The American Heart Association has issued some new guidelines for sugar intake, which is a particularly cruel step to take during the week that marks the opening of the Minnesota State Fair. I don't know if the recommendations make sense, but they do prove beyond a reasonable doubt that the Heart Association people really do care about your health and also that they are absolutely no fun to be around.
The proposal is that most women limit their processed sugar intake to 6 teaspoons a day, and most men keep it at or below 9 teaspoons. This sounds manageable. After all, who eats sugar by the teaspoon? But once you look at sugar in the real world, the problem becomes obvious. A typical 12 ounce can of pop contains approximately 8 teaspoons of sugar.
So she suddenly is not allowed to finish her drink because it would put her one teaspoon over her budget. Meanwhile, he gets to guzzle down an entire Mountain Dew and still has one wild teaspoon left over for a night on the town. He can splurge - spending it frivolously on any selfish indulgence he desires, like, say, a thimble sized chunk of a Twinkie.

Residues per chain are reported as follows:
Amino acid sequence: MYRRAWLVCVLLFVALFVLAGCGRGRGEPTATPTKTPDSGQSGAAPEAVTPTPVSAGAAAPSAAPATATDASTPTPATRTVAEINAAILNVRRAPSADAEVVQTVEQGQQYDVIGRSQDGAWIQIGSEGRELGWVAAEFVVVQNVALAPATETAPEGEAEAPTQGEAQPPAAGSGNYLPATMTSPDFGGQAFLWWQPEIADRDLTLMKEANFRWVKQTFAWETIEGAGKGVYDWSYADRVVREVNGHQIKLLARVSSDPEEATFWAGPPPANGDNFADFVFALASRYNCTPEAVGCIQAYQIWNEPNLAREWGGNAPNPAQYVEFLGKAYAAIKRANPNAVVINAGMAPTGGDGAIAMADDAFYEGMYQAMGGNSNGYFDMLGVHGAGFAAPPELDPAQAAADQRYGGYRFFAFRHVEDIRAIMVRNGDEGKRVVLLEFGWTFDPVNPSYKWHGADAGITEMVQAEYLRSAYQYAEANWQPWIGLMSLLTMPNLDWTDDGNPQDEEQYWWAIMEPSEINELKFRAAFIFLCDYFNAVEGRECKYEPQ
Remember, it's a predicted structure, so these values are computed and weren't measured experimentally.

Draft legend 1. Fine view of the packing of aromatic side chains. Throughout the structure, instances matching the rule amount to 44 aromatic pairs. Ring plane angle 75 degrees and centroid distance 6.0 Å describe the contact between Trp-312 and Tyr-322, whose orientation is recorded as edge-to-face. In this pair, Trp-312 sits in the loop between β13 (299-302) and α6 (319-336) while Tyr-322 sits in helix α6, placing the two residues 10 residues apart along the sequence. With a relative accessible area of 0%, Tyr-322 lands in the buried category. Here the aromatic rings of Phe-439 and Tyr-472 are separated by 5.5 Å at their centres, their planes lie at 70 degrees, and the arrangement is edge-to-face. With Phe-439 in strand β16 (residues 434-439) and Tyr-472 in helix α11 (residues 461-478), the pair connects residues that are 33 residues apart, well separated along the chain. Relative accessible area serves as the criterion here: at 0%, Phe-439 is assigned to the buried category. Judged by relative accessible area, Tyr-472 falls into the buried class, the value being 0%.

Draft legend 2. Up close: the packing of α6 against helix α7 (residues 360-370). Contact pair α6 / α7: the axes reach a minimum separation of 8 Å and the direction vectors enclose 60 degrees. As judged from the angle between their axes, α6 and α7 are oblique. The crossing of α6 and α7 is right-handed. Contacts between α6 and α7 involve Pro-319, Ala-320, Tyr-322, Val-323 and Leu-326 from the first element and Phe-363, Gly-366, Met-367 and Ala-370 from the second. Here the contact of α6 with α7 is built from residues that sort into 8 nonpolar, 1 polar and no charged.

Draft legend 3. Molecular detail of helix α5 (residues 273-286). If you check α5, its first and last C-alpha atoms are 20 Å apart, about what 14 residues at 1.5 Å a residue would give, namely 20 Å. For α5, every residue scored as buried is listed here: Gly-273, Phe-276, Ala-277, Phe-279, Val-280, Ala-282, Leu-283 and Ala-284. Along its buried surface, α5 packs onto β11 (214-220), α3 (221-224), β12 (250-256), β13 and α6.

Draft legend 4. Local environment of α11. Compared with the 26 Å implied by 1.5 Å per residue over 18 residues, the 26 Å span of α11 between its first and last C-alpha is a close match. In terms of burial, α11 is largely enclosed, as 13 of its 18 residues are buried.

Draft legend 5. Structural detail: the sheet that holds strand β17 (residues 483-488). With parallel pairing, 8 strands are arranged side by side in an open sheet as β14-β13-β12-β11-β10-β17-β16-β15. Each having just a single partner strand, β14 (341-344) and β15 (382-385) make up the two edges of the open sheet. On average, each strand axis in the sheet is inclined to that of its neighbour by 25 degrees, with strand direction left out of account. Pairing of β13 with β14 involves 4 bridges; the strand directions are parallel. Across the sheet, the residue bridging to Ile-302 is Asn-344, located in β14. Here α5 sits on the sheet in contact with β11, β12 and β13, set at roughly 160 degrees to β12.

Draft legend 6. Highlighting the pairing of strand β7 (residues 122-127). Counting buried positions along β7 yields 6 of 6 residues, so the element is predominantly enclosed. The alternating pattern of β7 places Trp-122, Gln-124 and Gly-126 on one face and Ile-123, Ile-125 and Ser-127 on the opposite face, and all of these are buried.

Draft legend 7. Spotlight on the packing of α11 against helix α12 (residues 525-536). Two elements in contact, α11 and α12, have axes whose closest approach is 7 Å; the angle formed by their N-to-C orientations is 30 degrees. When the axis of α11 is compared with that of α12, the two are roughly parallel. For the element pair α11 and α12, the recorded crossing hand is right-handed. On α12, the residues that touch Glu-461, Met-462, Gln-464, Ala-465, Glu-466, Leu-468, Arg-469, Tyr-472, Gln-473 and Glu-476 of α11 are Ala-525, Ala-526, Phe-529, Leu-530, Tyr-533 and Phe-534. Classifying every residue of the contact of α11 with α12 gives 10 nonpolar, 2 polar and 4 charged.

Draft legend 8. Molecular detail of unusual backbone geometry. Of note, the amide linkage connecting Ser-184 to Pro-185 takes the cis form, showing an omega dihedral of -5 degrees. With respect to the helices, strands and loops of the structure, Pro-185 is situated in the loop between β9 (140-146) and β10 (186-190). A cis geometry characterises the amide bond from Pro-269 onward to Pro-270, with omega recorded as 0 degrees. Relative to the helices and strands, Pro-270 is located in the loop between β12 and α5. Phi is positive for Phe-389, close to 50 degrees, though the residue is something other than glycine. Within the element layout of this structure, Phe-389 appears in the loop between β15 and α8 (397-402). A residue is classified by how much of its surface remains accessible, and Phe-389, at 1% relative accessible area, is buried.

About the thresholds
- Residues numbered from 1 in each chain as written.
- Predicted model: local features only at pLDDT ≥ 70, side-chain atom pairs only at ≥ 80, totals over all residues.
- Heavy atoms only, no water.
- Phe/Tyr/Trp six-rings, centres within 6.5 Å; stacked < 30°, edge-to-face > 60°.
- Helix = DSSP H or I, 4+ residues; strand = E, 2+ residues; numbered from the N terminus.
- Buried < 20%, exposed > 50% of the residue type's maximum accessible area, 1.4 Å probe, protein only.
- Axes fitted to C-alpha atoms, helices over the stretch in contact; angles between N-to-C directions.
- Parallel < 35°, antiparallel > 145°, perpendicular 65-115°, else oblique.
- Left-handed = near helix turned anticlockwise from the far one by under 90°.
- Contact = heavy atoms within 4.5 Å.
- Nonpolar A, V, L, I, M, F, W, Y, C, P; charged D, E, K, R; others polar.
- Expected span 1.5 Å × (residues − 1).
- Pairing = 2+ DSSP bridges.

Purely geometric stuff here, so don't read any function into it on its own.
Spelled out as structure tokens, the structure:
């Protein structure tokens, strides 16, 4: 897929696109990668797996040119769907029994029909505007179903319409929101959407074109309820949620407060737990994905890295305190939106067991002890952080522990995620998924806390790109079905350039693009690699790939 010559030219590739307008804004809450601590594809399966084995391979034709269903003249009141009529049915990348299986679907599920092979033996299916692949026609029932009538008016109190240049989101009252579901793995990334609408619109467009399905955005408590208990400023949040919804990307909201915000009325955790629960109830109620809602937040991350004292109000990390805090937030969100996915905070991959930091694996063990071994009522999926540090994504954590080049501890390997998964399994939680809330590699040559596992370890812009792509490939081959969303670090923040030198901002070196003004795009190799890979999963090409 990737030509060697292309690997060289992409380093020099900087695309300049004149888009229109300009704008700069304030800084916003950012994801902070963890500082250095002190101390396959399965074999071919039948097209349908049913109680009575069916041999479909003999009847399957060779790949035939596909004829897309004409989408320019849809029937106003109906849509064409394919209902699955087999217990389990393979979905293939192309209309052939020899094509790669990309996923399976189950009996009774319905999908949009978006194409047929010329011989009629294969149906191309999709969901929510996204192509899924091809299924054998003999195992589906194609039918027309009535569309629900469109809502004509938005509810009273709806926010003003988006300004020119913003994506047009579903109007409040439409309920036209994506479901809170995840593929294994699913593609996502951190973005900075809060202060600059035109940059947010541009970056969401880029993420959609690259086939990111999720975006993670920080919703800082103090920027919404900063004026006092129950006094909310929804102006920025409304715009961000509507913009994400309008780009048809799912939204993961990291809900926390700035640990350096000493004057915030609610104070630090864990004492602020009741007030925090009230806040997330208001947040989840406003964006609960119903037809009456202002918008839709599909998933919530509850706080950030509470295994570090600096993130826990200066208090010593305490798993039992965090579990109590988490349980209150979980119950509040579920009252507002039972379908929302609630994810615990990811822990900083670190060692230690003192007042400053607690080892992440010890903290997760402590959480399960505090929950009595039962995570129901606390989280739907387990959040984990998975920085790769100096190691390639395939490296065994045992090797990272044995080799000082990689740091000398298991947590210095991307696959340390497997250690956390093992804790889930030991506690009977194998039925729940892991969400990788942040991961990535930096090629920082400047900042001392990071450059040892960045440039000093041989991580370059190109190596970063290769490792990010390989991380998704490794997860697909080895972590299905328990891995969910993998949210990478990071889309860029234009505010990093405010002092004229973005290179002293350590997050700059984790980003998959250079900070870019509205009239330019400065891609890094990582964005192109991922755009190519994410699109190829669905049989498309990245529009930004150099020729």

The inequality of this standard is provocative and it may upend the delicate balance of power inside some relationships. How can mature people observe these limits with the least possible rancor?
I suggest upsizing and sharing.
Rather than dealing with the dangerous political puzzle posed by the presence of two 12 ounce cans, a typical pop drinking couple could co-operate on a 20 ounce bottle, which has 13 teaspoons of sugar inside.
Think about it. His budget is 9 teaspoons and hers is 6 for a total of 15, so if they allocate the contents proportionately, they'll both finish with one teaspoon of sugar left over and they could still go to the fair and share a single mini-donut, bringing the rest of the bag home for the dog, who does not care what the American Heart Association suggests regarding healthy amounts of sugar.
And it's simple to figure out - they simply hand the bottle back and forth, alternating sips, except every other time he gets the bottle he DOUBLE sips. Easy, see?
OK, it wasn't that so easy. But my other idea is a complicated system of sugar allowances and buy-backs that lets individuals who are consistently below their sugar limits to sell virtual teaspoons to other people who want to pay for the privilege of going over budget. I know it sounds fussy and intricate, but would keep that State Fair Fudge Puppy within the realm of possibility, although you'd have to get a loan to be able to afford it.
In a dietary sugar cap-and-trade world, would you be a buyer or a seller?